Al-Ahram Weekly Online   20 - 26 March 2008
Issue No. 889
Heritage
 
Published in Cairo by AL-AHRAM established in 1875

Zahi Hawass

Omar Sharif and the Pyramid Builders

By Zahi Hawass

More than 10 years ago, when I was teaching Egyptology courses at UCLA, Lisa Truitt of National Geographic came to see me about an IMax film entitled Mysteries of Egypt, which they were planning to produce. I told Lisa that I wanted Omar Sharif to be the narrator. I wanted Sharif and I to work together on this film. When Lisa met Sharif, he immediately agreed to be the narrator and offered to do it for nothing. But, Lisa said no, and insisted on paying him. She told me that if they did not pay the actor it could end up costing the production company more. If one morning Sharif decided not to get up and come to the set, she explained, this would cost the production company because they would still have to pay for the cameras and crew. They therefore had a strict policy to always pay the actor a salary. We met many times during the film's production to discuss the details.

When Sharif used to come to Egypt, the press chased and hounded him, trying to get an interview. Sometimes they made him angry by asking stupid questions, or they would exaggerate and insinuate things in their questions. One day Amal Othman, who at that time was a reporter for Akhbar Al-Yom, wanted to meet him for an interview. She is a very intelligent and energetic person, and this is why she became the editor of Al-Negoum (Stars) magazine at such a young age. She asked me to contact Sharif because of our friendship and arrange the interview. I called Sharif and he agreed. Sharif thought that the reporter was a smart lady and asked good questions; it was a great interview. Later Othman wanted to do an interview with Sharif and myself. She thought that it should be an interview between a star actor and a star archeologist, which ended up being the title of the article. Othman convinced Sharif to do the interview at the Giza Pyramids and to visit the excavation of the tombs of the pyramid builders. This discovery is extremely important because it proves that Egyptians built the pyramids, not slaves, aliens or people from a lost civilisation.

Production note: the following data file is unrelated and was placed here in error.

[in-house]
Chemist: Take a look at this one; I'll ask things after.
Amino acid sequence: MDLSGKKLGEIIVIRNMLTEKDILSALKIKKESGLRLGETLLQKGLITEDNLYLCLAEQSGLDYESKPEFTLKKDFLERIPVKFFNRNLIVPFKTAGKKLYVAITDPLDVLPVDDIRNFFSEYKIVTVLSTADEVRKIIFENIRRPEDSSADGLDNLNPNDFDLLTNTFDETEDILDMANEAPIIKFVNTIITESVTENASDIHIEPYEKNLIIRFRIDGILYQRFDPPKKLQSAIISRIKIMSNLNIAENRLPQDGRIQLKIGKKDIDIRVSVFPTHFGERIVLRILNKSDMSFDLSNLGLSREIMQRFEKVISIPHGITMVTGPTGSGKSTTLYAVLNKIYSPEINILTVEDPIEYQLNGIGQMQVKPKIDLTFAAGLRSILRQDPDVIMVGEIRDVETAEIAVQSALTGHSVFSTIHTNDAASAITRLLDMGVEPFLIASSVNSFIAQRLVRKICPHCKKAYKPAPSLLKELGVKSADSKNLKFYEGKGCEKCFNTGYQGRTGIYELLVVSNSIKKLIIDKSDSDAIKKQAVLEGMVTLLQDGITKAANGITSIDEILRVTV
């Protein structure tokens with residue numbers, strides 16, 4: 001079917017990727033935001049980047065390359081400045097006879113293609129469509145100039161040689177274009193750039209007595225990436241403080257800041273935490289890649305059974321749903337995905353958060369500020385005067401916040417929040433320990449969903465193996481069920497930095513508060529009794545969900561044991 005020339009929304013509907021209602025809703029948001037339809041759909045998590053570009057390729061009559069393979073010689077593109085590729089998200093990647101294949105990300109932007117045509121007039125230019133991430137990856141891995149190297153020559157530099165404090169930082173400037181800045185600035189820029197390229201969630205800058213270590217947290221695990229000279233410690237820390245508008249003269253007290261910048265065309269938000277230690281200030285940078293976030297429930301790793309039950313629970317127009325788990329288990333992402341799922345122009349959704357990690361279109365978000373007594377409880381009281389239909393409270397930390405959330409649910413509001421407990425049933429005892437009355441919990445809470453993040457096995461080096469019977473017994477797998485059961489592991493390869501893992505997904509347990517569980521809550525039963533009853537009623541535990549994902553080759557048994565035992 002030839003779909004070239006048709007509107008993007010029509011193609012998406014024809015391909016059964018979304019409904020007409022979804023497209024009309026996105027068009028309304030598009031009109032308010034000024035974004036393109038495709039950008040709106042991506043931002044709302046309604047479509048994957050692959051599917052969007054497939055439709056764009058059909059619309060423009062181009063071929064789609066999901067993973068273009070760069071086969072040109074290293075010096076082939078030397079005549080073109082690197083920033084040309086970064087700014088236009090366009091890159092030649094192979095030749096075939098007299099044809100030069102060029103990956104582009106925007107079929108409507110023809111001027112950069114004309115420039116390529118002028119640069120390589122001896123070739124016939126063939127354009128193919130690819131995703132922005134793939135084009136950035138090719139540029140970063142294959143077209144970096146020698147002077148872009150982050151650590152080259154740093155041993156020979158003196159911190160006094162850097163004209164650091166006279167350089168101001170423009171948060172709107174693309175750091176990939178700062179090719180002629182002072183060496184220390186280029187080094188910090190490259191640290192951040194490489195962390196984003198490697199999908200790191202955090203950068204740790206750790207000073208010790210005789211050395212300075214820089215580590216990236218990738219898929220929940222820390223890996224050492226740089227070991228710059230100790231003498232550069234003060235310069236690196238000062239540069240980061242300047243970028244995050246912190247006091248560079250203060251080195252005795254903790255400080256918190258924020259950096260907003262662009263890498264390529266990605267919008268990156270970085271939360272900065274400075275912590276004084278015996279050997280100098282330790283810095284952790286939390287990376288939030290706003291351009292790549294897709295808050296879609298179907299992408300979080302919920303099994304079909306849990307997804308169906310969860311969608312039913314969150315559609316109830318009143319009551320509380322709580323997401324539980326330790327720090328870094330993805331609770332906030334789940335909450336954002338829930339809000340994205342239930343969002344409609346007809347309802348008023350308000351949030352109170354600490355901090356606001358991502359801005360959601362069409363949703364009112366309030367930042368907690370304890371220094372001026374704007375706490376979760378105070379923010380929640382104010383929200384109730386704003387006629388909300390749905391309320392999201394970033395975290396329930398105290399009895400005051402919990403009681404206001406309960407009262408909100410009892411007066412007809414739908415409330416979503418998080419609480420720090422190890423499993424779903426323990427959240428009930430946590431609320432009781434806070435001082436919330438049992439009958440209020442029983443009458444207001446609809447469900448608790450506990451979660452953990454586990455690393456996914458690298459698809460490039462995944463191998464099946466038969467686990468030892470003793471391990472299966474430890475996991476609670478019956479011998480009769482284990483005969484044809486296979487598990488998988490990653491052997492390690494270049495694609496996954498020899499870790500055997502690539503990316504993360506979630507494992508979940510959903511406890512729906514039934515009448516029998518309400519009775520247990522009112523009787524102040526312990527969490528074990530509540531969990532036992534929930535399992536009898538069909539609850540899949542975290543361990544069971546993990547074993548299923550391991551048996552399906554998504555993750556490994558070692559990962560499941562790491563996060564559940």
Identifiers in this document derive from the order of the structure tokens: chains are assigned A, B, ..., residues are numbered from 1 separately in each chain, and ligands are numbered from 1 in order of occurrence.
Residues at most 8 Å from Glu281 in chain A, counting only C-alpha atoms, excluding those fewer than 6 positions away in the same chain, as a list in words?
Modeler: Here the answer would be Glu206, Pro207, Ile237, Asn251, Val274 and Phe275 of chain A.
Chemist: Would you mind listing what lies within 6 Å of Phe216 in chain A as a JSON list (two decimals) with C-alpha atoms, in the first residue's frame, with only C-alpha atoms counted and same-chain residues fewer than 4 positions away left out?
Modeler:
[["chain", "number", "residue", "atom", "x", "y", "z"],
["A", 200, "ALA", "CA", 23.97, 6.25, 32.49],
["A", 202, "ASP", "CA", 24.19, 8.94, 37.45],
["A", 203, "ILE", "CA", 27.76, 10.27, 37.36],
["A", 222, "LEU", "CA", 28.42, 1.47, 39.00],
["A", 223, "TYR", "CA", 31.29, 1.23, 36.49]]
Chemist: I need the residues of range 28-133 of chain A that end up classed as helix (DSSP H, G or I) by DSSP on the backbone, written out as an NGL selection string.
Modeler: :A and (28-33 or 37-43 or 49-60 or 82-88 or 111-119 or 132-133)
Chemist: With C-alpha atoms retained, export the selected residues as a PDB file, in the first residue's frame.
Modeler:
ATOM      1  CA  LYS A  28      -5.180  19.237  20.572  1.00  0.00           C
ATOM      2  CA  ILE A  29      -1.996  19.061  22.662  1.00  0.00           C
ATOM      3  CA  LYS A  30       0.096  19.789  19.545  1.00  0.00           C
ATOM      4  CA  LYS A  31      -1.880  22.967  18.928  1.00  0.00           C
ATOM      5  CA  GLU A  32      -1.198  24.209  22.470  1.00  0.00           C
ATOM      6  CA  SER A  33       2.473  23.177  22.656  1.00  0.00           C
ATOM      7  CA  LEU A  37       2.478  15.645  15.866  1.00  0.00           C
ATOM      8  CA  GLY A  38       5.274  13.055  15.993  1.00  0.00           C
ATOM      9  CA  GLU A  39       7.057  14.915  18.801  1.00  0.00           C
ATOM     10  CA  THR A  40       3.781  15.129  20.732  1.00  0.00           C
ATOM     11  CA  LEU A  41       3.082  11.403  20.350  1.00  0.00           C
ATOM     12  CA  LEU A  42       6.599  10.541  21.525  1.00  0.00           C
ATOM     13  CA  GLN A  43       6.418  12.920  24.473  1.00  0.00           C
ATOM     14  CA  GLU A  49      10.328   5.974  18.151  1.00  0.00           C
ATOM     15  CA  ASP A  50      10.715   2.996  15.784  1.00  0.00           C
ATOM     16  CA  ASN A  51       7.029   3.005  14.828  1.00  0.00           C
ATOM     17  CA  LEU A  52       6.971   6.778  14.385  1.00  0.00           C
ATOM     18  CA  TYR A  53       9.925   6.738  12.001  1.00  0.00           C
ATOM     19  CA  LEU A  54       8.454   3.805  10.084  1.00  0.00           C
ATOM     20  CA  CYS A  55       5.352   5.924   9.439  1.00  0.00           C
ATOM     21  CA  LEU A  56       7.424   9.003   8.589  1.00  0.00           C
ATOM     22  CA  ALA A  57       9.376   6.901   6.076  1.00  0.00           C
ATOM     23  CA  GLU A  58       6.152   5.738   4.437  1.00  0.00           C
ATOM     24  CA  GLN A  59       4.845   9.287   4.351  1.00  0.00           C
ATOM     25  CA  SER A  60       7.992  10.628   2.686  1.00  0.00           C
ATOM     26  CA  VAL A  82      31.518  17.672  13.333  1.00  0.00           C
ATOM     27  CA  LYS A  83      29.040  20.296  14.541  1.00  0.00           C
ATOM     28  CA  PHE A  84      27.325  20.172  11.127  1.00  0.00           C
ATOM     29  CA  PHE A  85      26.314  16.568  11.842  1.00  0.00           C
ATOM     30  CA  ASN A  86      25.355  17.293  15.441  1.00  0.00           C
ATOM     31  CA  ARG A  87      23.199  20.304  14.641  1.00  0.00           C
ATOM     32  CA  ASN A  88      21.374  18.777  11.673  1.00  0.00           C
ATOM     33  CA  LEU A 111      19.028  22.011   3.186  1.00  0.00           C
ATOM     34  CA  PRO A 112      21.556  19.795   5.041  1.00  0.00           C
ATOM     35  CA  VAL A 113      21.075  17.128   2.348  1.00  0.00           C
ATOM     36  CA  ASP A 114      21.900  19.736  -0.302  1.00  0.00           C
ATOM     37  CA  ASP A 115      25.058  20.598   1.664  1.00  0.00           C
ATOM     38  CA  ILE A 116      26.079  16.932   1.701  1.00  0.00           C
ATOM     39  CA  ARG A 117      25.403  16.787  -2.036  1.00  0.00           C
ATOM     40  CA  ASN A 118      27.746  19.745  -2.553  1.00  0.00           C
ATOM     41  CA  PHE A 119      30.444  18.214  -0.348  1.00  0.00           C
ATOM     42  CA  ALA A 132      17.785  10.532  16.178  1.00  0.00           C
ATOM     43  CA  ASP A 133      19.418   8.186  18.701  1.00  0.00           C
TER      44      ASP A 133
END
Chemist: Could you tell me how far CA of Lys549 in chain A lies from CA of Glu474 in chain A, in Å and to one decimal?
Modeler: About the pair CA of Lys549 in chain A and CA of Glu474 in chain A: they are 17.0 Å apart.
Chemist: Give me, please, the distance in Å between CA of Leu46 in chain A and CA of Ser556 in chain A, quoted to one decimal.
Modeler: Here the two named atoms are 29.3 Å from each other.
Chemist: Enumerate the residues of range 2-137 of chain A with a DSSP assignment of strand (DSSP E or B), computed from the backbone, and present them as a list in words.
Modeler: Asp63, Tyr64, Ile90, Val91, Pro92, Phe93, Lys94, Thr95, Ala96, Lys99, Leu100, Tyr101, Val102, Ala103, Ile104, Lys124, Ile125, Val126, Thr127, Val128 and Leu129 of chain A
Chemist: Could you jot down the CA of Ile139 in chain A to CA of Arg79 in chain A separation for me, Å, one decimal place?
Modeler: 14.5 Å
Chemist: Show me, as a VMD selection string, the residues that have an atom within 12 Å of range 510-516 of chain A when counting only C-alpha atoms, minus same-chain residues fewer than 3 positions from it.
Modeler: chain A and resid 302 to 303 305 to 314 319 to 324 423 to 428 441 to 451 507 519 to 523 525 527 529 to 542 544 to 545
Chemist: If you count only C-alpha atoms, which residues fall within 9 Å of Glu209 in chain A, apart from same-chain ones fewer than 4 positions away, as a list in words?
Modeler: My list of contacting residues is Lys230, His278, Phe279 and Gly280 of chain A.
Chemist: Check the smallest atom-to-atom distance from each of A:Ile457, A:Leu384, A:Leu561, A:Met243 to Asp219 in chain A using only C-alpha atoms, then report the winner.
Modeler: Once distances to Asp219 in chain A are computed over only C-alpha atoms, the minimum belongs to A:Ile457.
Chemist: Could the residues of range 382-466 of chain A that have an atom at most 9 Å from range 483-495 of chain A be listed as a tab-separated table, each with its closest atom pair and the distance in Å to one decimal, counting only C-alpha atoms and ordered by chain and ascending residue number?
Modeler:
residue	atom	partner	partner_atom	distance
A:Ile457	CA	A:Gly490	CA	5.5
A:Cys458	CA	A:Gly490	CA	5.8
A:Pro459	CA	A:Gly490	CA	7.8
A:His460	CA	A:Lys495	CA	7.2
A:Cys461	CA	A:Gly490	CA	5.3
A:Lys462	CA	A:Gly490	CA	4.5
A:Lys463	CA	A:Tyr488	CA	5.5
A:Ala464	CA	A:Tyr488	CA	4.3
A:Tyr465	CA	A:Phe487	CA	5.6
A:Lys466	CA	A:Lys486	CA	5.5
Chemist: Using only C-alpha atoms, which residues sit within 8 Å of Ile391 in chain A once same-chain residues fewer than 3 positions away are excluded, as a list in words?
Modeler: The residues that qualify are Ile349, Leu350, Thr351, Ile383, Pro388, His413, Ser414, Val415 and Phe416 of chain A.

Normally Sharif likes to wake up late and do rituals, but he broke his routine and arrived at the Pyramids at noon. He visited the excavation, and while he was there a beautiful, 11cm unnamed statuette was discovered. Othman's photographer took pictures of Sharif and I holding the statue, and Othman published a fabulous article. A photograph of Sharif and myself with the statuette was on the magazine cover.

A few months later, an important group came to visit the Pyramids and wanted to see my excavations and the discovered statues. The visit was on 7 January, which is the Coptic Christmas holiday, and the keeper of the storeroom, Amal Samuel, was at home for the feast. The tourist police went to her home during the VIP visit of the Pyramids and Boat Museum. The security brought Samuel to the storeroom, and she took about 16 statues that I had discovered during my excavations and exhibited them on a table next to the Sphinx for the VIP guests to see. I explained each statue and told the story of each discovery. It was a very impressive visit. The minister of culture was with us, but the head of antiquities did not come and he was extremely jealous.

After the visit, the police found out that the small statuette that was discovered the day of Sharif's visit was missing, presumed stolen. How did this happen? How was it that we did not know it was missing? The story of the stolen statue was then published in the newspaper. The head of antiquities was still very jealous and wanted to remove me from my job at the Pyramids. He wrote a decree to move me to another site because he said he wanted to keep as inventory the storeroom. I had nothing to do with the storeroom -- Samuel was the keeper of the storeroom and she held the keys! The newspapers published articles accusing Sharif and I of steeling the statue. I learnt that there was a conspiracy against me. Therefore, I resigned my position at the Pyramids and went to teach at UCLA.

Later the police discovered who had stolen the statuette. There were many people involved in the theft, and it was announced to the public. Because he was corrupt, the head of antiquities was removed from his job by the Egyptian parliament, and I was asked to take back my position at the Pyramids.

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